The Washington Times
Thursday, August 2, 2001

Conservatives should rethink their support for John P. Walters, who has been nominated by President Bush as director of National Drug Control Policy. While they are at it, they should reconsider their commitment to the war on drugs, which is destroying our freedom.

Mr. Walters is a good man, and he would pursue drugs energetically. The problem with Mr. Walters is that he would pursue drugs at too high a cost to our civil liberties and privacy and at the expense of the sovereignty of Latin American countries.

The conservatives’ war on drugs is an example of good intentions that have had unfortunate consequences. As often happens with noble causes, the end justifies the means, and the means of the drug war are inconsistent with the U.S. Constitution and our civil liberties.

Think about it. In the name of what other cause would conservatives support unconstitutional property confiscations, unconstitutional searches, and Orwellian Big Brother invasions of privacy?

Early in the 20th century, the U.S. conducted a war on alcohol. After experiencing the results, people came to their senses. They realized Prohibition criminalized the behavior of millions of people and created a class of ruthless and rich criminals capable of corrupting local judges and law enforcement. Fortunately, prohibition was terminated before it overrode the takings clause of the Constitution.

The war on drugs has proved to be equally frustrating. But instead of reassessing the consequences, conservatives have escalated the power of the state, arming law enforcement with more and more draconian powers that violate the Constitution.

The takings clause (Fifth Amendment) is one victim. The takings cause forbids the seizure of private property without compensation. It does not apply to contraband (illegal goods such as drugs). However, the asset forfeiture laws that conservatives created permit the seizure of perfectly legal goods if police assert they have reason to believe the property facilitated a drug crime. If any drugs are found on any property, that property is considered to have facilitated a drug offense

The Founding Fathers put the takings clause in our Constitution to prevent government from confiscating property as punishment for a crime. The British king, for example, could declare the property of a person convicted of a serious crime to be forfeited, thus dispossessing the entire family.

In this respect, the war on drugs has made us worse off than we were under King George III. In 18th century Britain, forfeiture required conviction of the property owner. In 20th and 21st century America, forfeiture has not required conviction of the property owner. Indeed, the property can be confiscated even if another person brings drugs on the owner’s property without his permission or knowledge. People have lost homes, motels, boats, cars and airplanes because of the behavior of nonowners.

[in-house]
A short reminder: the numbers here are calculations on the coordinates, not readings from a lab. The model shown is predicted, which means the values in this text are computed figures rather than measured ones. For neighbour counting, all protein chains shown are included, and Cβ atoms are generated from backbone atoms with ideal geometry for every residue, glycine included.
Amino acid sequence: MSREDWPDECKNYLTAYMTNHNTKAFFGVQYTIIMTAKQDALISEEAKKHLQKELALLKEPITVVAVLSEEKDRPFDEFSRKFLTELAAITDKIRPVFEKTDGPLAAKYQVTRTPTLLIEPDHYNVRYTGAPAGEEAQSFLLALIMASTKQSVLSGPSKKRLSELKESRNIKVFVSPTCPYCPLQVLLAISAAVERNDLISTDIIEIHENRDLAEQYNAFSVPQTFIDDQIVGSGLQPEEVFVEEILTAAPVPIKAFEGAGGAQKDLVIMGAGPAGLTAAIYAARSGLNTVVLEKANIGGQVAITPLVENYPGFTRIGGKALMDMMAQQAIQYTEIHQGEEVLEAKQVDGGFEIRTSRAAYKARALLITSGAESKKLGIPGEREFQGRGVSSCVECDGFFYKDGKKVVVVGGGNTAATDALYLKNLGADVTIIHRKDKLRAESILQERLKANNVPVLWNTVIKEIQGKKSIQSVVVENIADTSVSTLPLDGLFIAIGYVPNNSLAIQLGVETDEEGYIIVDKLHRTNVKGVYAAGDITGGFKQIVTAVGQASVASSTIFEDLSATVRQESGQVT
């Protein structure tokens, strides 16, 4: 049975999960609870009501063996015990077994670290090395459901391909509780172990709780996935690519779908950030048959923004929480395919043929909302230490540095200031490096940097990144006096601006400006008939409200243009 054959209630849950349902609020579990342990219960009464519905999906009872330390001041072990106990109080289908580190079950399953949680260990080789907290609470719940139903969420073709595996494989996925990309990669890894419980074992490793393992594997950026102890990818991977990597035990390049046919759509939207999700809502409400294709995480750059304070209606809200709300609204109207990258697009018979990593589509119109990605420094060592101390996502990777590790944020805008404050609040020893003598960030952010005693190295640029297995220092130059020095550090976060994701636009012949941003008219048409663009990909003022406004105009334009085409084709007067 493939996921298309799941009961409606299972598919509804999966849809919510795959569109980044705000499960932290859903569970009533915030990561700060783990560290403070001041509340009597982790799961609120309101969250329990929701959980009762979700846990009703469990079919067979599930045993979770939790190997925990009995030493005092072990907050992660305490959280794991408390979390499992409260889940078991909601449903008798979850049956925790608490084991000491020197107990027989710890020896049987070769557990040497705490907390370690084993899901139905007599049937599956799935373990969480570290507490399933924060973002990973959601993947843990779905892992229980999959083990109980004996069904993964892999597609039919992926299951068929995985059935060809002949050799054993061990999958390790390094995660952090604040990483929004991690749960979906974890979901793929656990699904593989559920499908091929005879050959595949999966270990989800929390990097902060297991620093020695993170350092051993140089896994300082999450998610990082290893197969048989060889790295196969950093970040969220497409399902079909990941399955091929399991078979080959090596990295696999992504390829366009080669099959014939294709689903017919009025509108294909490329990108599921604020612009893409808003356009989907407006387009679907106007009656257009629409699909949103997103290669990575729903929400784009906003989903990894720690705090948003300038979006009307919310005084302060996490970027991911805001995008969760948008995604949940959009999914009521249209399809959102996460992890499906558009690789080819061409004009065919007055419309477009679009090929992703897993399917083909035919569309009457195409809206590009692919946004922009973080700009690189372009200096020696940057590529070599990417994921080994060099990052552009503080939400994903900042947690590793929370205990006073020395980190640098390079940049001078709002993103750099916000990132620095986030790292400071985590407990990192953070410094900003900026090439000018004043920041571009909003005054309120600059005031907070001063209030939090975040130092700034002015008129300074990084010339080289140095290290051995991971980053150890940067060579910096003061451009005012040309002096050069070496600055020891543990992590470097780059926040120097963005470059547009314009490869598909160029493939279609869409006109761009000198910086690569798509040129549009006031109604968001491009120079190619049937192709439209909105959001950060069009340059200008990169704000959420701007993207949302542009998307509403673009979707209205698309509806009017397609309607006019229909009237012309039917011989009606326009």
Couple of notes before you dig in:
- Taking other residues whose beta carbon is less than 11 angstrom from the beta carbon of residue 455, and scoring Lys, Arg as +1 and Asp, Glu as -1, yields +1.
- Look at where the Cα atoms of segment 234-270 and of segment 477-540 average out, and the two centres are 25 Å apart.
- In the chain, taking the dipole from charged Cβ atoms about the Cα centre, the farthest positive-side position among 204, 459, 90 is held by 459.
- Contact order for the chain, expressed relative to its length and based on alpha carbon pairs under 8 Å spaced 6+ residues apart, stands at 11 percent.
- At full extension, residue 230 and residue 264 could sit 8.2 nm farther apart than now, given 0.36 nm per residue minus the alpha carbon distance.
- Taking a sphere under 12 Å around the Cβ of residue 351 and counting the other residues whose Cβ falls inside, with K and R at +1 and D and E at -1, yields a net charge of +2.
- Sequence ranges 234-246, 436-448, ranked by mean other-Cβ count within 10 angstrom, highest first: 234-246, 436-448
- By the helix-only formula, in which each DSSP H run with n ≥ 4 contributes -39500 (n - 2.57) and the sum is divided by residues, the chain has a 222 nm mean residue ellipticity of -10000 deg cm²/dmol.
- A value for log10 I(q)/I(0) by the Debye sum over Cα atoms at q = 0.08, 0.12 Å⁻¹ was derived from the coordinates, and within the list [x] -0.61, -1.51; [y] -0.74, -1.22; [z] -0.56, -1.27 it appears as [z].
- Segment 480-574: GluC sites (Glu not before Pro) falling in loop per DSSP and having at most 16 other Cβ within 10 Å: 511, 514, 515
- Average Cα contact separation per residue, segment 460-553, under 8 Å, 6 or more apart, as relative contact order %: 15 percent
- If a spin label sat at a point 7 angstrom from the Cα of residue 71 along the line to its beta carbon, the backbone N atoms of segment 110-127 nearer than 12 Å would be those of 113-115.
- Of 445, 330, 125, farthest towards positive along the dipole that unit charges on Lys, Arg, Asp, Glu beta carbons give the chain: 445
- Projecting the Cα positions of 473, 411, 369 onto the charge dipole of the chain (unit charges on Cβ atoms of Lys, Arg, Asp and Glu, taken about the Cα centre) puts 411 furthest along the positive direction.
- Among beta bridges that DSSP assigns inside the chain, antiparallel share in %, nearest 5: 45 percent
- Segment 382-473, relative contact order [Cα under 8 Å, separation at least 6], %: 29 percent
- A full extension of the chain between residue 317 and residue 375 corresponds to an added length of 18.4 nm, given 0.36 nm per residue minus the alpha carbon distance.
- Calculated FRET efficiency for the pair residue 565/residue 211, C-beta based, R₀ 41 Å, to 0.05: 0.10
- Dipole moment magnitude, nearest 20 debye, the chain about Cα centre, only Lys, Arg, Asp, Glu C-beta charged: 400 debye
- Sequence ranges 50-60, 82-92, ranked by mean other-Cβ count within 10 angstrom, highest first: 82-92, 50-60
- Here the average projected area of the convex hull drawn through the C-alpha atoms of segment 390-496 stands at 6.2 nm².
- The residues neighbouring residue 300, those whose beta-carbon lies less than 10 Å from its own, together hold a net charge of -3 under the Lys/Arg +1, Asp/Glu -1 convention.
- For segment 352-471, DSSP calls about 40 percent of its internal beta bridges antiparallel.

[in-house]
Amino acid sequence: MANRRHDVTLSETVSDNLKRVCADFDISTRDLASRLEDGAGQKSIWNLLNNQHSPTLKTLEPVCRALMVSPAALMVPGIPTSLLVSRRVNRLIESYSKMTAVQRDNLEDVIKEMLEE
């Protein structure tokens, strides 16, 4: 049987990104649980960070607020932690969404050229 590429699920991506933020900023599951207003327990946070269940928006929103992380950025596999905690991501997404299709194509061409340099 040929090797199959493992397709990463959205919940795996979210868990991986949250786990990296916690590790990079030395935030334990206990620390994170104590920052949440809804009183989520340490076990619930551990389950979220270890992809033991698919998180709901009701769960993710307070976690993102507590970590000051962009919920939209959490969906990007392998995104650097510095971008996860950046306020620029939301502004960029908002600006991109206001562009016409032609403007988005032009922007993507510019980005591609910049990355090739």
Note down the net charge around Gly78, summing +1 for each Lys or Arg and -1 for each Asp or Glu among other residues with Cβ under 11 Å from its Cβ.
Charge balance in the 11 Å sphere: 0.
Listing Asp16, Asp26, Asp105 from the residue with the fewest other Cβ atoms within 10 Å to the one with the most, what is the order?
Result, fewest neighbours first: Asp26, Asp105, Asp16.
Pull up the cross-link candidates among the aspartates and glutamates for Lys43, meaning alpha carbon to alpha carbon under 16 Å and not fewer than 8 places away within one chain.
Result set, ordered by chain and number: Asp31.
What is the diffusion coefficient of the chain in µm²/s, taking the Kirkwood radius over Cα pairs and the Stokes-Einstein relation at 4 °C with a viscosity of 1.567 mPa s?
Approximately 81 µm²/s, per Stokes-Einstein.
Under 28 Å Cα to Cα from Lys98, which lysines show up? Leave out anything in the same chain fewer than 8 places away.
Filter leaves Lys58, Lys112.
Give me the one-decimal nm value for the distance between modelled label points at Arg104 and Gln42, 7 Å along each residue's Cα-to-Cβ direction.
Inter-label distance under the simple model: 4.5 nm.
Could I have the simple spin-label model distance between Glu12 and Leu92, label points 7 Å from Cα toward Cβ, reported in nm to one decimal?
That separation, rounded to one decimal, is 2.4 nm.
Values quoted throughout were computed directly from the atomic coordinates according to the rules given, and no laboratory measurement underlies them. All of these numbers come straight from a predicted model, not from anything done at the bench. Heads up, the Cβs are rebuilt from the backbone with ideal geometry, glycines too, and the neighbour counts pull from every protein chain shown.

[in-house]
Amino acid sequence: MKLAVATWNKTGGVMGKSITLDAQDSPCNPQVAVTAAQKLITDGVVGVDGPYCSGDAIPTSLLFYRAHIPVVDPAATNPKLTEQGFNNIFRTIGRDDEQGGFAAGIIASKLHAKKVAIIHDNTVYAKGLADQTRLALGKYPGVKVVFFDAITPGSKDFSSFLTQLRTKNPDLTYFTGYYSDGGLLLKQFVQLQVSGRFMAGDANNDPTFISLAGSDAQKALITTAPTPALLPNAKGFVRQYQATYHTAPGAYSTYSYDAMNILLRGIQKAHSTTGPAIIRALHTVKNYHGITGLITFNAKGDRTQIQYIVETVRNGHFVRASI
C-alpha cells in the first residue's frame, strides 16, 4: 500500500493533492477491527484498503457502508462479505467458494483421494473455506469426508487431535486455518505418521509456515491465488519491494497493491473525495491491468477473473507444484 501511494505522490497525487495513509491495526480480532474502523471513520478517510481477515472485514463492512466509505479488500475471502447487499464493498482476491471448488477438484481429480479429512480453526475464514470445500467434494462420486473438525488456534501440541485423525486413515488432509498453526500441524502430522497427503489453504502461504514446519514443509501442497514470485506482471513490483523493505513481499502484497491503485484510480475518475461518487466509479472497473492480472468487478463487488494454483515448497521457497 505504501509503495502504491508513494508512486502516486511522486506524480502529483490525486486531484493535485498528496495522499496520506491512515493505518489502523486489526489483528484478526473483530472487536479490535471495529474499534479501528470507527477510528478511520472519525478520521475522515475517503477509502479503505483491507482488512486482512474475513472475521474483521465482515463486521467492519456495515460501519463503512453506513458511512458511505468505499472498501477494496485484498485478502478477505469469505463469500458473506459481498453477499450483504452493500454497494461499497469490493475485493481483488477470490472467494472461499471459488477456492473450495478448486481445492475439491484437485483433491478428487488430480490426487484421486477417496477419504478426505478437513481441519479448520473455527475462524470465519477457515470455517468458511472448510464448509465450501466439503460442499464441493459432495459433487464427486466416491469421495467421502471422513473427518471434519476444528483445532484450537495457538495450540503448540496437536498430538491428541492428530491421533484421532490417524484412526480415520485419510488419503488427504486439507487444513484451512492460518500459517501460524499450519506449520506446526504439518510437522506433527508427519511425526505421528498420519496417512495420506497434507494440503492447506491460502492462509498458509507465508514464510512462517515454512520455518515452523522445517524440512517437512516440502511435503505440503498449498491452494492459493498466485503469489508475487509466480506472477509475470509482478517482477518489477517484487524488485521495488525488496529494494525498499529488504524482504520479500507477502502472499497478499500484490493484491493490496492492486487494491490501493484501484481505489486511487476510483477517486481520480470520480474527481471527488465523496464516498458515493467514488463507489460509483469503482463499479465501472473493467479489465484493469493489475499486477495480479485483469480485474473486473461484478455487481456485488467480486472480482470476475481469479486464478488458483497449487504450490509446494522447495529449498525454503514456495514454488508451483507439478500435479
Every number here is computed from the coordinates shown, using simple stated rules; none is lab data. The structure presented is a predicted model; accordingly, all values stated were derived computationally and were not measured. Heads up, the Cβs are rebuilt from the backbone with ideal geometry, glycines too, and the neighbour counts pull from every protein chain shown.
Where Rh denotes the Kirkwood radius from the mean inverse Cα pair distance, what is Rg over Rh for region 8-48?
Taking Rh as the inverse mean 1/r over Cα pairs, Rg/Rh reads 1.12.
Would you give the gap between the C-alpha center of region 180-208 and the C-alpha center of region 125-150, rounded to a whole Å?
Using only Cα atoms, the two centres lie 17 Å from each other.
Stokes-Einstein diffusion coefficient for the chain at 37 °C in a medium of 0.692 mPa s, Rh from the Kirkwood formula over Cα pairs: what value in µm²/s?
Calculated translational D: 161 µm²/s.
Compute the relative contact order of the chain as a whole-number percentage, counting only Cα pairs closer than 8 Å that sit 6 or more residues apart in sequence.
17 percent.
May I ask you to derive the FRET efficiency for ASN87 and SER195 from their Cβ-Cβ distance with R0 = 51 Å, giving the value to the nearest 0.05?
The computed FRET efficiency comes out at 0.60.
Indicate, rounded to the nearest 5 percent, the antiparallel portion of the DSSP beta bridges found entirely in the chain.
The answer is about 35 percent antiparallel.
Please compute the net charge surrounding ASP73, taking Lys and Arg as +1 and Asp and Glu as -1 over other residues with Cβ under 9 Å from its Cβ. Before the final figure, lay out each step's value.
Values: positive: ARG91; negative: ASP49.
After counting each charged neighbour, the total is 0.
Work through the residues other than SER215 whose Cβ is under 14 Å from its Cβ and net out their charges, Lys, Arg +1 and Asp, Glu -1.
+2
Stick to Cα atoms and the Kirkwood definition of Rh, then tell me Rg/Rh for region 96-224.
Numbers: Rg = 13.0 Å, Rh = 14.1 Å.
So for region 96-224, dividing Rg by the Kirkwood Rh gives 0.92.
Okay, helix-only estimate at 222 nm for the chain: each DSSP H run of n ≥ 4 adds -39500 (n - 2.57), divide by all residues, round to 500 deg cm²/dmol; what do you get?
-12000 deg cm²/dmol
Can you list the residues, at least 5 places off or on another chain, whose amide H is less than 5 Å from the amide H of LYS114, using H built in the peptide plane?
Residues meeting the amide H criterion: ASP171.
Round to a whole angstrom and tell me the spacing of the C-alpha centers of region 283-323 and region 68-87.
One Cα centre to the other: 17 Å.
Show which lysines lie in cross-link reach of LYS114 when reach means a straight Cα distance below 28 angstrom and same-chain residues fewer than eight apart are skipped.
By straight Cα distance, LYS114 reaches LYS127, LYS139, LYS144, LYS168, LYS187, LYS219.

The Fourth Amendment’s restriction on search and seizure is another victim of the war on drugs. Random roadblocks and searches without probable cause are part of the war on drugs.

The effort to prevent drug revenues from being “laundered” has resulted in massive invasions of privacy. The government listens to international telephone calls, snoops on e-mail transmissions, and constructed a massive program, “Carnivore,” for monitoring private communications. Banks and financial institutions are required to spy and report on their customers.

Even the legal tender and store of value functions of money have been impaired by limiting cash payments and deposits to relatively small amounts and by seizing cash from those entering or leaving the country with $10,001.

The war on drugs has caused U.S. political and military involvement in the internal affairs of sovereign nations. U.S. drug agents arrest and kidnap foreign nationals in their own countries. These are extremely dangerous precedents and confirm the propaganda that the U.S. is a bully nation.

The war against drugs has proved to be largely a war against drug consumers. The prison population is swollen with young people whose lives are ruined by prison sentences. It is a personal tragedy for a person to ruin his life with alcohol, drugs, gambling or any other vice. But it is a public tragedy when government ruins the lives of millions of its citizens simply because it disapproves of a product they consume.

The “war on drugs” is, in truth, a war on the Constitution, civil liberties, privacy, property, freedom and common sense. It must be stopped.

Copyright © 2023 The Washington Times, LLC.